Panasonic Toughbook 55 review

A surprisingly practical and modular platform

Panasonic Toughbook 55
(Image: © Mark Pickavance)

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In use

Normally a laptop that weighs in 2.1kg wouldn’t be easy to carry, but the integrated handle makes transporting this one easy. That’s helpful, because if you add the second battery the complete package is now 2.47kg, and that doesn’t include the power supply or any other accessories you might want to use.

For those wanting a long time away from power, Panasonic makes a battery charger that can take four batteries, enabling that for those with that many.

The designers also made the batteries hot-swappable, and with two bays, the machine doesn’t need to be shut down while a fresh one is added, then allowing the exhausted battery to be removed.

The only caveat in this if you need to use the fingerprint module or the smart card reader, and therefore don’t have both bays available to achieve a running swap.

Those that use Smart Cards can use the Universal bay instead for that device, but those that use the fingerprint reader won’t have both battery bays available, sadly.

In retrospect, it might have been smarter to mount the fingerprint reader on the machine and leave the bay it occupies for other things.

How much you agree with that viewpoint is probably dependent on how important the security aspects of this design are to you, and for those that need a highly secure system, there are plenty of options available in this system.

Panasonic Toughbook FZ-55

(Image credit: Panasonic)

If the modularity of this design has a downside its how high that Panasonic priced these options, which could easily double the cost of the machine with the best enhancements.

An extra battery is £129, and even the fingerprint reader is £86. But these goodies are cheap compared with the GPU pack that can be installed in the Universal bay.

If you spent £570 on a GPU for a desktop system, you might expect something spectacular. Here you get the AMD Radeon Pro WX 4150.

As a PCIe card, the AMD Radeon Pro WX 4150 costs around £235, and performance-wise it fits between the GeForce GTX 970M and the GTX 960M. Or, in desktop equivalence, the long-retired AMD Radeon RX 460, that can be found on eBay for less than £50.

It is better than the Intel UHD 620 integrated graphics, but nothing that might excite gamers or those than need a mobile CAD machine.

From a graphics standpoint even with this expensive upgrade, the FZ-55 would be massively outclassed by the new AMD Ryzen APUs that will be appearing on laptops shortly.

Panasonic Toughbook 55

(Image credit: Mark Pickavance)

The competition

Our first thought when considering an alternative to the FZ-55 was the Lenovo ThinkPad 11e, but regrettably, that model was discontinued.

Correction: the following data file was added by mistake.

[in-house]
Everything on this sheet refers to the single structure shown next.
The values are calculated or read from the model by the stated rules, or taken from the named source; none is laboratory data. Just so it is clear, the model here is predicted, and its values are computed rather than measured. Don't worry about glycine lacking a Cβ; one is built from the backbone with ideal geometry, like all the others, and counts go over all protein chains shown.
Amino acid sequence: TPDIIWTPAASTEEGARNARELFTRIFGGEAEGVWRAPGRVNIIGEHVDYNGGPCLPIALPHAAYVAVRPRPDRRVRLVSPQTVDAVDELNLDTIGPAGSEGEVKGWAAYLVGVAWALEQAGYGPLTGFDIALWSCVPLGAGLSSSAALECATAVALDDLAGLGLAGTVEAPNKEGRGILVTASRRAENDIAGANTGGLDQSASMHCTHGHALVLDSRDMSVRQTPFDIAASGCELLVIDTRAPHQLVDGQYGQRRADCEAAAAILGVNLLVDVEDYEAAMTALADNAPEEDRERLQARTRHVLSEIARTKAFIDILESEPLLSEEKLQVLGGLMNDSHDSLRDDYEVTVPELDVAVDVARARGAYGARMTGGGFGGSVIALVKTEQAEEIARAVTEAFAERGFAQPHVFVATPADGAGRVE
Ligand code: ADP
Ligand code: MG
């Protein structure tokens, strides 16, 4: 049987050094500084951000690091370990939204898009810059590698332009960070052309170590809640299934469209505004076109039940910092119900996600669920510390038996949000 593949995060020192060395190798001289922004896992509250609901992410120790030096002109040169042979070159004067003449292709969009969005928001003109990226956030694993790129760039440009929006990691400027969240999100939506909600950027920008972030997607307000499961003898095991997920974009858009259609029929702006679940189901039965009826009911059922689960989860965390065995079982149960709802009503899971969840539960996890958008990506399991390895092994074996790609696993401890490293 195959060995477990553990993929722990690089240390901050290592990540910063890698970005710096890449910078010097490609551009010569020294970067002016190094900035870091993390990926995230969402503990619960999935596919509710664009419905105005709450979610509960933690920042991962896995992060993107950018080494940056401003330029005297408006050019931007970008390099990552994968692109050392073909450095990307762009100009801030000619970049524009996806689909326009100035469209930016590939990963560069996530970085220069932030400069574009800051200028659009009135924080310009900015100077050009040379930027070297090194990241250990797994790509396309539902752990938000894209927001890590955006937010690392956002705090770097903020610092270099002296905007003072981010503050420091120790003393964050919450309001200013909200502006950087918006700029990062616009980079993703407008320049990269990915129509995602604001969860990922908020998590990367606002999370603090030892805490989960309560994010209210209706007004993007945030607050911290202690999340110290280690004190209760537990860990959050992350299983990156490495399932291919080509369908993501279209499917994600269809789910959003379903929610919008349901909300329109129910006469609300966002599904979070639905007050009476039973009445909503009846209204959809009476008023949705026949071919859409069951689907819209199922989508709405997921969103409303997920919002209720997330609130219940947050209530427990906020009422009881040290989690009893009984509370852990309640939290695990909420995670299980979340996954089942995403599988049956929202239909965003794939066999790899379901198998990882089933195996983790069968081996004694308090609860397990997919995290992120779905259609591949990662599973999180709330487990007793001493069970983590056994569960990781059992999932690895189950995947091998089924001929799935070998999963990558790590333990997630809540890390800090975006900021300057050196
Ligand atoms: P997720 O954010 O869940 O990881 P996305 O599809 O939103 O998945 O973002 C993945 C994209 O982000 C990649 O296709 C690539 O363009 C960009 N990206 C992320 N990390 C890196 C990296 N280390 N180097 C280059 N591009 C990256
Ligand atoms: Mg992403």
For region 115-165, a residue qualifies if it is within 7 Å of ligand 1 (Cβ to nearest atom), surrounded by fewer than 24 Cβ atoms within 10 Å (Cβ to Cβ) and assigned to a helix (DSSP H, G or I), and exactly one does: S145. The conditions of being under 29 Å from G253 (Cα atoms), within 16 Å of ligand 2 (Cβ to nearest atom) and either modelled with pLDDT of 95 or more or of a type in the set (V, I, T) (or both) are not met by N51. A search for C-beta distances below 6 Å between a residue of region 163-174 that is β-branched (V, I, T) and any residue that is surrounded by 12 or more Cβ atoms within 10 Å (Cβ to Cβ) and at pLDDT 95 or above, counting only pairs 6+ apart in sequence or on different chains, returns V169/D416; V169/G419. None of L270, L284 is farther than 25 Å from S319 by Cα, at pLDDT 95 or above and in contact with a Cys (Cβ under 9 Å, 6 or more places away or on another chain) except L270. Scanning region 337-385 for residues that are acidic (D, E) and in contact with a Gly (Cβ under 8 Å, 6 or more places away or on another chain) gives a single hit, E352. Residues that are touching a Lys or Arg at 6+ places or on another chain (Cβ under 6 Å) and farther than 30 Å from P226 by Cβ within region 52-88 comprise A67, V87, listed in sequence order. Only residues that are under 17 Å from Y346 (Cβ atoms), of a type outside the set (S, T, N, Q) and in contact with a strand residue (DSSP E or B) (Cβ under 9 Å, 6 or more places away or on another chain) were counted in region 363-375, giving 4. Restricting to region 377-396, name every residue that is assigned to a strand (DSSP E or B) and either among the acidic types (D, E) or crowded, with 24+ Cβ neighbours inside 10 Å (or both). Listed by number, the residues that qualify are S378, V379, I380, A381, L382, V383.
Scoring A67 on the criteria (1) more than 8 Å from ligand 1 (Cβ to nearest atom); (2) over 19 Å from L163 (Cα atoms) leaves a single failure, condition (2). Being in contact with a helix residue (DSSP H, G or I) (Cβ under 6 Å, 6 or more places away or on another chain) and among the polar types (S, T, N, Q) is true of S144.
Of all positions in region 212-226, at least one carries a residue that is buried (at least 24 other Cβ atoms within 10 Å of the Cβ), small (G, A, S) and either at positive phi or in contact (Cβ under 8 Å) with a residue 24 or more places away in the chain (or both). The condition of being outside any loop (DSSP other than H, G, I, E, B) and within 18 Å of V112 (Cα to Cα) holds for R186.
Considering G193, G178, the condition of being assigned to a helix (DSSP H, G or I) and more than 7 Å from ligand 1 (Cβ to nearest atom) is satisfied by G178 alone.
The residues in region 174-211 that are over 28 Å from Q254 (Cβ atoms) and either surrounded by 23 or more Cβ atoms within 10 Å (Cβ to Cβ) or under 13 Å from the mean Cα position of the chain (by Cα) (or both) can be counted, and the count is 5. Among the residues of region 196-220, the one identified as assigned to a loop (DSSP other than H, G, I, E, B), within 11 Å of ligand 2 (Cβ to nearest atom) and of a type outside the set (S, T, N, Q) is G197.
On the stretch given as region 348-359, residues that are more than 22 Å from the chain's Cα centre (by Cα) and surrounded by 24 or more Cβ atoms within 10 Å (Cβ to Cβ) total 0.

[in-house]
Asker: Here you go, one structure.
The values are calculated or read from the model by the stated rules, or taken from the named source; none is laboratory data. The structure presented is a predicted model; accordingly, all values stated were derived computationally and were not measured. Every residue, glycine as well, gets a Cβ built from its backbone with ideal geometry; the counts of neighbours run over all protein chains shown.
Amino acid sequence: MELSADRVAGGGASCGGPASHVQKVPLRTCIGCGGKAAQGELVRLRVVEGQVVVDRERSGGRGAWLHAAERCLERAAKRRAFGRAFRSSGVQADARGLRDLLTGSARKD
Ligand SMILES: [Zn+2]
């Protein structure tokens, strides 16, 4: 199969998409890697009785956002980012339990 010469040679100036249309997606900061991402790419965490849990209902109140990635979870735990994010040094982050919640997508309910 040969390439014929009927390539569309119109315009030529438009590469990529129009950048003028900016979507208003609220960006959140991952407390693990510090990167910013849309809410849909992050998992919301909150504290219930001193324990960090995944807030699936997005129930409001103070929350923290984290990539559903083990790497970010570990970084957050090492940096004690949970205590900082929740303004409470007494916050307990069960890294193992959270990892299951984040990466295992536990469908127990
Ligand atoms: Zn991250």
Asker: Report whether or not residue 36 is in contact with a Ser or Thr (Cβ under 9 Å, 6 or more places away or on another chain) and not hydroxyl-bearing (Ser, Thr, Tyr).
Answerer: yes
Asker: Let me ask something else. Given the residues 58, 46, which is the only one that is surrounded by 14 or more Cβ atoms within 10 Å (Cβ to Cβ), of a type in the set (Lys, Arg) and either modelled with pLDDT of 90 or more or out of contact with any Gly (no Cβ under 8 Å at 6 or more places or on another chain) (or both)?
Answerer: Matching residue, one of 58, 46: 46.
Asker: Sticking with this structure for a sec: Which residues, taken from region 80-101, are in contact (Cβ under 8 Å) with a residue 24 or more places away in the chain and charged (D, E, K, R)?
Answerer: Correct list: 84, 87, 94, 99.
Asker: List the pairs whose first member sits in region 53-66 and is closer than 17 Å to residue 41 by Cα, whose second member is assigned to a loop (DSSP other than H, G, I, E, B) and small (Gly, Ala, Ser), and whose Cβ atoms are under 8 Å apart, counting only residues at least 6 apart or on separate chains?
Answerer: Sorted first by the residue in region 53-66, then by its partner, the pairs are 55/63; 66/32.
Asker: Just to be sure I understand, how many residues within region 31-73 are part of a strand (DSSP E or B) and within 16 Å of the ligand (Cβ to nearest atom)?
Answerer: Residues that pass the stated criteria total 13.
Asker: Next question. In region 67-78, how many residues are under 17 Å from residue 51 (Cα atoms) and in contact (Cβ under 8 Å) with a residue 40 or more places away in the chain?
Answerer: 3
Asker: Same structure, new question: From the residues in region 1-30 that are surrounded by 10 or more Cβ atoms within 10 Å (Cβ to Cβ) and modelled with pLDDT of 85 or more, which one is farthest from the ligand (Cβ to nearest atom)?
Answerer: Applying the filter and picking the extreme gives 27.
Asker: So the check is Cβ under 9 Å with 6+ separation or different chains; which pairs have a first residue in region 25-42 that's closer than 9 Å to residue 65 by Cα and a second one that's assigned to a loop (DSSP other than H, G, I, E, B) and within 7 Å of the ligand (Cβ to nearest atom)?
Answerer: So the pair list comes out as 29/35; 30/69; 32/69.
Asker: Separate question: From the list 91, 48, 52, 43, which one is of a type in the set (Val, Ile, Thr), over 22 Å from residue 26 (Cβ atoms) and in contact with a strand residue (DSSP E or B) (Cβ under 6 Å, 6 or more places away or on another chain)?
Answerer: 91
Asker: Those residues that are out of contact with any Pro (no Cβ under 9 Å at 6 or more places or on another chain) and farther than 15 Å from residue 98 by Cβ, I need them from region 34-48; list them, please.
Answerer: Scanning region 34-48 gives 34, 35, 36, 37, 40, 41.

Dell makes the more robust Latitude 5420 Rugged, but it costs £2,224.51 + VAT for a machine with a similar specification and doesn’t have any of the modular features of the Panasonic.

A better choice from Dell is probably the Latitude 7212 Rugged Extreme Tablet. It costs £2,055.30 + VAT for the same processor, storage and memory, and you can add a keyboard to make it more laptop-like. Again, this system can’t be augmented like the FZ-55, although it has a greater range of processors available and it can handle greater abuse.

There aren’t many laptop markers addressing this slice of the market, and we’ve not seen another modular system like this from anyone other than Panasonic.

Final verdict

A tough as the FZ-55 looks, it isn’t made of Kevlar or was built to be driven over by vehicles, but it’s able to cope with water and dust better than equipment built exclusively for office use.

And, while a market exists for something to hide behind when evading small arms fire, this machine is focused on a much larger and less demanding market.

It does many things well, but the two standout aspects are the modularity of the design, and what that enables from a security perspective. For those that need multi-factor authentication that includes Windows Hello, fingerprint recognition, RFID IDs and Smart Cards then you can mix and match all of those, and nearly have them all.

When combined with the TMP 2.0 compliancy and OPAL drives, the FZ-55 makes a compelling argument for those that need a portable computer for accessing secure documents or services.

The modularity of the design also allows Panasonic to easily build on this platform with new modules that could support secure communications, 1GbE networking, or whatever they see demand for.

An obvious option would be a Starlink module when that system goes live, enabling fast Internet access for those in even the most remote jungle or mountain locations.

Our only reservation about the modules already provided is that they’re expensive for that functionality they provide. And, budget restrained IT managers might choose an alternative that comes with a fingerprint reader included rather than one that costs an additional £86 to add.

Conceptually we love the modularity of the FZ-55 and wish more PC makers would take this approach to their products.

It enables customers to customise the hardware in a way that doesn’t involve the maker having an inordinate number of different SKUs and allows the machine to be smartly repurposed during its working life.
Not being fully ruggedised might be a problem for some, but for others, the combination of protection and flexibility is a winner.

Mark Pickavance

Mark is an expert on 3D printers, drones and phones. He also covers storage, including SSDs, NAS drives and portable hard drives. He started writing in 1986 and has contributed to MicroMart, PC Format, 3D World, among others.